Airport Surface

Airport Configuration Planning

Current airport efficiency is limited by a number of factors. “Choke points” in the system appear in the three primary components of the airside design; the runway environment, taxiway intersections, and the ramp area. Intersecting runways or extended runway centerlines significantly reduces the capacity of the airport due to the limited number of straight in approaches available for all runways. This reduced capacity is caused by traffic interference between these runways. Once the aircraft is on the ground, the next leading cause of delay for an aircraft is active runway crossings. An aircraft which has landed on an outer runway must usually cross an active departure runway before it may taxi to parking.

Taxiway congestion is caused by various operations including fixed queues, taxiway crossing points, aircraft engine run-ups, and delays in departure releases. Fixed queues refer to the single file line which aircraft must sustain once they have left the ramp area for departure. Bottlenecks on the ground occur at run up areas near a departure runway where aircraft complete their final takeoff checklist and hold for departure release. If this area is not large enough to accommodate multiple aircraft or if it does not leave enough space for aircraft to bypass other aircraft, the entire ground control system begins to congest, as all subsequent aircraft must wait for the first to depart.

Taxiway congestion may also be caused by terminal delays. Currently, amount of gate space is the limiting factor affecting efficiency of airports. Also, with one lane of two-way traffic, the ramp becomes vulnerable to congestion. The pier concept of terminal design is commonly used to promote gate capacity. This concept however leads to longer taxi times and distances.

To create an airport there are many constraints to consider in addition to the few listed above. The delicate relationship between the airport and the environment around it must be carefully maintained. Noise and emissions must be controlled for minimal residue outside the airport environment. The design and verification of a “Perfect Airport”, using computer drafting and simulation software will help to alleviate the lasting problem of airport traffic flow efficiency. Instead of attempting to improve existing airport layouts that have inherent flaws. “The Perfect Airport” will provide a baseline for designers to design an airport with inherent maximum efficiency for its operations. From this baseline, designers can account for topographic, political, and environmental constraints to maximize capacity for their specific airport design.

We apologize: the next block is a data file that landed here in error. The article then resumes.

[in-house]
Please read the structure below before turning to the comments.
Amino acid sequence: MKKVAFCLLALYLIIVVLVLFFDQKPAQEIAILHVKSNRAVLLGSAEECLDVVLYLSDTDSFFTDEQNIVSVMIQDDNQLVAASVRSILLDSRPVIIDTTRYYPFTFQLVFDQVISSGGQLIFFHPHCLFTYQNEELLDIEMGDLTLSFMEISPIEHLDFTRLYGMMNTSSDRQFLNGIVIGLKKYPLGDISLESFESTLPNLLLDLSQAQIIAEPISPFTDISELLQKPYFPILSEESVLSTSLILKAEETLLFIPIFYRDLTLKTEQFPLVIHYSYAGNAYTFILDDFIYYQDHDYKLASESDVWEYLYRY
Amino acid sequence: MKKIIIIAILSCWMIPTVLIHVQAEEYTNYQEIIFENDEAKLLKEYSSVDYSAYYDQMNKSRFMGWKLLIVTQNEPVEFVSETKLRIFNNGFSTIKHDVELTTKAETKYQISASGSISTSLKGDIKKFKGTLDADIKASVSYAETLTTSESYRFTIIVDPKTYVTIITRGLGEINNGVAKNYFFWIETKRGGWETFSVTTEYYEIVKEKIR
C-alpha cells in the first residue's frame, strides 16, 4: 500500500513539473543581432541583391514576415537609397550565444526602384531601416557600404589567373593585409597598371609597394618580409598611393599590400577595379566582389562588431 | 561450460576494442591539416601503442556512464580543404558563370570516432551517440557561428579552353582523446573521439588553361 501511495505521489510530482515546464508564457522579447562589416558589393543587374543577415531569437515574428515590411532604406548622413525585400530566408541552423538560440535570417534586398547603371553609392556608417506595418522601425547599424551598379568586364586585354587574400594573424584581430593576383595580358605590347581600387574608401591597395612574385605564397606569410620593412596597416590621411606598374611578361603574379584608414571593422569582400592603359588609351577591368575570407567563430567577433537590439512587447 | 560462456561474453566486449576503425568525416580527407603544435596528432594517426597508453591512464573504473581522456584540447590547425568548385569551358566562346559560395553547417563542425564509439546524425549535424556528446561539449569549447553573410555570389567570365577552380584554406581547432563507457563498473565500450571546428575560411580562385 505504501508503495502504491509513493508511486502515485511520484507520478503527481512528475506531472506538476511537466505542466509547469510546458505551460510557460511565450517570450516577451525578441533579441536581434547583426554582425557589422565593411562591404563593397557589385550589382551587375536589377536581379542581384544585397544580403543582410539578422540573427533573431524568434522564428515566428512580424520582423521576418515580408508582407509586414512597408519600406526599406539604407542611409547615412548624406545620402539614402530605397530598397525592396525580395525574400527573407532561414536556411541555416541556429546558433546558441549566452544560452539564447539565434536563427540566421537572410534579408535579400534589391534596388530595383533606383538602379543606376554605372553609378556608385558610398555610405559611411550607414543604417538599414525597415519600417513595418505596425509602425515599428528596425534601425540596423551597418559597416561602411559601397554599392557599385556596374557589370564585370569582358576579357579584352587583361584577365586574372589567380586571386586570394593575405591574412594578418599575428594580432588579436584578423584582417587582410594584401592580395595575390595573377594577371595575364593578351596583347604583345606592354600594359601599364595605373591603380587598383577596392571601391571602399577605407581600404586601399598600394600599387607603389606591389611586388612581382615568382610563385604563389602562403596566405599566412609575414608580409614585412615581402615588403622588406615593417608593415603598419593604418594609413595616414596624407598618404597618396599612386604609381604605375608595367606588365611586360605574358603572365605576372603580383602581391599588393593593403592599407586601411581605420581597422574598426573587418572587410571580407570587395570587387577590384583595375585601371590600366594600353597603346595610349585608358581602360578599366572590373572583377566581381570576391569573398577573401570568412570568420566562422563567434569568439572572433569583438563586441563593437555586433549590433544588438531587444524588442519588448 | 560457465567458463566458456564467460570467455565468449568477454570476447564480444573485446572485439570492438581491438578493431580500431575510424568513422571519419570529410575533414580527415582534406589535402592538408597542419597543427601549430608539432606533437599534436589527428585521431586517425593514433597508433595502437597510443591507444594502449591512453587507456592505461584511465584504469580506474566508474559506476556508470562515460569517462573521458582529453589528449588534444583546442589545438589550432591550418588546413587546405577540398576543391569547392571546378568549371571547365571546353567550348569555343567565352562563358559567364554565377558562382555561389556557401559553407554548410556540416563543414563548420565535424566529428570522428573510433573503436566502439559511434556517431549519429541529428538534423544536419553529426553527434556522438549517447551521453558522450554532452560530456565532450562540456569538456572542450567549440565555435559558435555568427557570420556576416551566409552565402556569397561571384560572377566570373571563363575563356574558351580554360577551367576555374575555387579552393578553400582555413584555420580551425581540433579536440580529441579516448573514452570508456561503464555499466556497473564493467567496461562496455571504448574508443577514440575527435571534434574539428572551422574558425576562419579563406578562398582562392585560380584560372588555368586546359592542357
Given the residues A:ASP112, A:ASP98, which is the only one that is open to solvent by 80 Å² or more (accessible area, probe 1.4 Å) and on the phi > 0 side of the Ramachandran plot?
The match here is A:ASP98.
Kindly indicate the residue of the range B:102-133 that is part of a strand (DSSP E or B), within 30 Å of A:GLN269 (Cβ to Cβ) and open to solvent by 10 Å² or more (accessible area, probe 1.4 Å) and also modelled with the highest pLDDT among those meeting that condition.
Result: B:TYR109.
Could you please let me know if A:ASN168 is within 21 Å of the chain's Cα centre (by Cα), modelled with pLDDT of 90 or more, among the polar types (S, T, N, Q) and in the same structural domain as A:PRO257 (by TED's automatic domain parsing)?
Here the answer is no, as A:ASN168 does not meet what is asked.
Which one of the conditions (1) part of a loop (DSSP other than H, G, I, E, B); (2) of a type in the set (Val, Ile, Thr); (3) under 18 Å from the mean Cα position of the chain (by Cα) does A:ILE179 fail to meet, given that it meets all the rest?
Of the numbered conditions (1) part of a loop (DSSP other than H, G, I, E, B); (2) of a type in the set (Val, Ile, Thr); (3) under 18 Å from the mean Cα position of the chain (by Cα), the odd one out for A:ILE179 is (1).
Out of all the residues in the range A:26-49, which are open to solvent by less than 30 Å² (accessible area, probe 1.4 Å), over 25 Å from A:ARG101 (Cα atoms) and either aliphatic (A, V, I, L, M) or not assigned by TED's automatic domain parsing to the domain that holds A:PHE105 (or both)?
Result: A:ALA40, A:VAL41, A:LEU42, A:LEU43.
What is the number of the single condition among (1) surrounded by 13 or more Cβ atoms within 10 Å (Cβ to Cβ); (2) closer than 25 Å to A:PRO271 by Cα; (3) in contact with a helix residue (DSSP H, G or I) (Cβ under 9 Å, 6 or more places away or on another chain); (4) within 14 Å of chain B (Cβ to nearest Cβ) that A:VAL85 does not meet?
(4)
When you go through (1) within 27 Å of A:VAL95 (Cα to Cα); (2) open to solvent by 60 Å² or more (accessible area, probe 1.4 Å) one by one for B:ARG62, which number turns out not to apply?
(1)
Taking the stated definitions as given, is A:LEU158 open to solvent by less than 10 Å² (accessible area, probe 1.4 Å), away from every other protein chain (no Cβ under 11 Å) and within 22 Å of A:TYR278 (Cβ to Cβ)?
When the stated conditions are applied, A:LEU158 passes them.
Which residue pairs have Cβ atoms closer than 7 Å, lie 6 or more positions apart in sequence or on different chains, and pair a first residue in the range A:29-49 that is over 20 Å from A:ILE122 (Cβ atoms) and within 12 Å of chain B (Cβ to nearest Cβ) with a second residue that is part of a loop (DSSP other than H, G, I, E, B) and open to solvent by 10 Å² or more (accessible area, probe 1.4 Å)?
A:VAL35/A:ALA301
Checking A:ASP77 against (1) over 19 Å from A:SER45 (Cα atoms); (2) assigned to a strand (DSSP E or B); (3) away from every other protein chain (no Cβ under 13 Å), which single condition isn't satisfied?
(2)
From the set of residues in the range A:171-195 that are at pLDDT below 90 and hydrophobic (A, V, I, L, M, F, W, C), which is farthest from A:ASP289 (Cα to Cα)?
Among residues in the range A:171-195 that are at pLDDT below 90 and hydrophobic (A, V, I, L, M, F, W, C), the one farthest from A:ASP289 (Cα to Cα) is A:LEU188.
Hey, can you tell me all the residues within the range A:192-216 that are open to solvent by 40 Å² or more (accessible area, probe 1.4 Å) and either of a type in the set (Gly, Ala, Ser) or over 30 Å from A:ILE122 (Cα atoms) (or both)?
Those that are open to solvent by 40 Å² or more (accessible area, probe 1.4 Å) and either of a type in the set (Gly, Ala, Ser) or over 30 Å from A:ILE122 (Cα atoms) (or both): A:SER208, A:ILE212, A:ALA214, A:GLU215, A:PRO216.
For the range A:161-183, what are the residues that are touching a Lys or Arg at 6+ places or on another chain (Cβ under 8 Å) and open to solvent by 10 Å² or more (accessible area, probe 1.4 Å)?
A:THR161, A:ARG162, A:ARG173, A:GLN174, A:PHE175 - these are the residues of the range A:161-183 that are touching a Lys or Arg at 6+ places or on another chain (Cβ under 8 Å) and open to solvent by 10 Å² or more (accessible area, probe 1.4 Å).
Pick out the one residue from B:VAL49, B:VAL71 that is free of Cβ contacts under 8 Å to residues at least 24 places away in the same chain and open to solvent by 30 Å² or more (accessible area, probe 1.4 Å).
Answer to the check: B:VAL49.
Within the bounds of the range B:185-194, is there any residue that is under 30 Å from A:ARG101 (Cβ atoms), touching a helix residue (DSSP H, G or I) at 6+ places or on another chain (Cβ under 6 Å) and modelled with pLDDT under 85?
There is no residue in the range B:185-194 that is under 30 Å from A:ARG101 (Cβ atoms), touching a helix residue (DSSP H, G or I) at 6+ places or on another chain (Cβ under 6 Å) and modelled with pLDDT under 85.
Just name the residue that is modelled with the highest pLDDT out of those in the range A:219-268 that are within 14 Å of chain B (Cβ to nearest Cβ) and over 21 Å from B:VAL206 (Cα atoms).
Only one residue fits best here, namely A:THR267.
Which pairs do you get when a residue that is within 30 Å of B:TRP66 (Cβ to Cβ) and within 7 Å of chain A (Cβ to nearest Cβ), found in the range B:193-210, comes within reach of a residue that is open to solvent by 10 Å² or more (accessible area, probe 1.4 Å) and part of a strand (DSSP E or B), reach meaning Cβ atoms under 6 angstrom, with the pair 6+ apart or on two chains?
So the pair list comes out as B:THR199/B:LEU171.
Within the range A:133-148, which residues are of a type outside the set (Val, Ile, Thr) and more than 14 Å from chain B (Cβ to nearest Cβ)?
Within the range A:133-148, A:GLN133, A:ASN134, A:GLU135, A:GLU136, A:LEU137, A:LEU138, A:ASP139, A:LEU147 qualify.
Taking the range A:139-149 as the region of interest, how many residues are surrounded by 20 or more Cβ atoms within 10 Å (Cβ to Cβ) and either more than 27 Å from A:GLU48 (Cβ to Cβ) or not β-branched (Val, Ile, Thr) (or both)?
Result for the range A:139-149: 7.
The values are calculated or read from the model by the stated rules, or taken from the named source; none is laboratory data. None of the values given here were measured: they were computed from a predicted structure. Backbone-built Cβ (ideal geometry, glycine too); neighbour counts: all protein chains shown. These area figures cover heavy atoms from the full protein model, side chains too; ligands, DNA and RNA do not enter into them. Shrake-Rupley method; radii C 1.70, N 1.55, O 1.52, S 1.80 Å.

The ATL is also developing algorithms to determine the optimum taxiway, ramp, and regulation of start and take-off roll for fixed airport configurations, given uncertainties in airline operations.

Runway Operations Planning

The airport runway is a scarce resource that must be shared by different runway operations (arrivals, departures and runway crossings). Given the possible sequences of runway events, careful runway operations planning (ROP) is required if runway utilization is to be maximized. Thus, runway operations planning (ROP) is a critical component of airport operations planning in general and surface operations planning in particular. From the perspective of departures, ROP solutions are aircraft departure schedules developed by optimally allocating runway time for departures given the time required for arrivals and crossings. In addition to the obvious objective of maximizing throughput, other objectives, such as guaranteeing fairness and minimizing environmental impact, may be incorporated into the ROP solution subject to constraints introduced by air traffic control (ATC) procedures.

Our current work aims to change possible flight arrival schedules based on weight class so that the arrival schedule becomes a part of the optimization process rather than an input. This schedule inclusion may require examination of the current division of roles for various air traffic controllers (local, center, and Tracon), with communication and coordination mechanisms between them. The next step will be to formulate a stochastic program to generate a schedule of operations (arrivals, crossings and departures) that are close to optimal as possible while taking into account uncertainties in pushback and taxi operations. Successful implementation of these schedules will minimize departure inefficiencies related to such factors as wake vortices, downstream constraints, workload limitations and intersecting runways.

About Evan McClain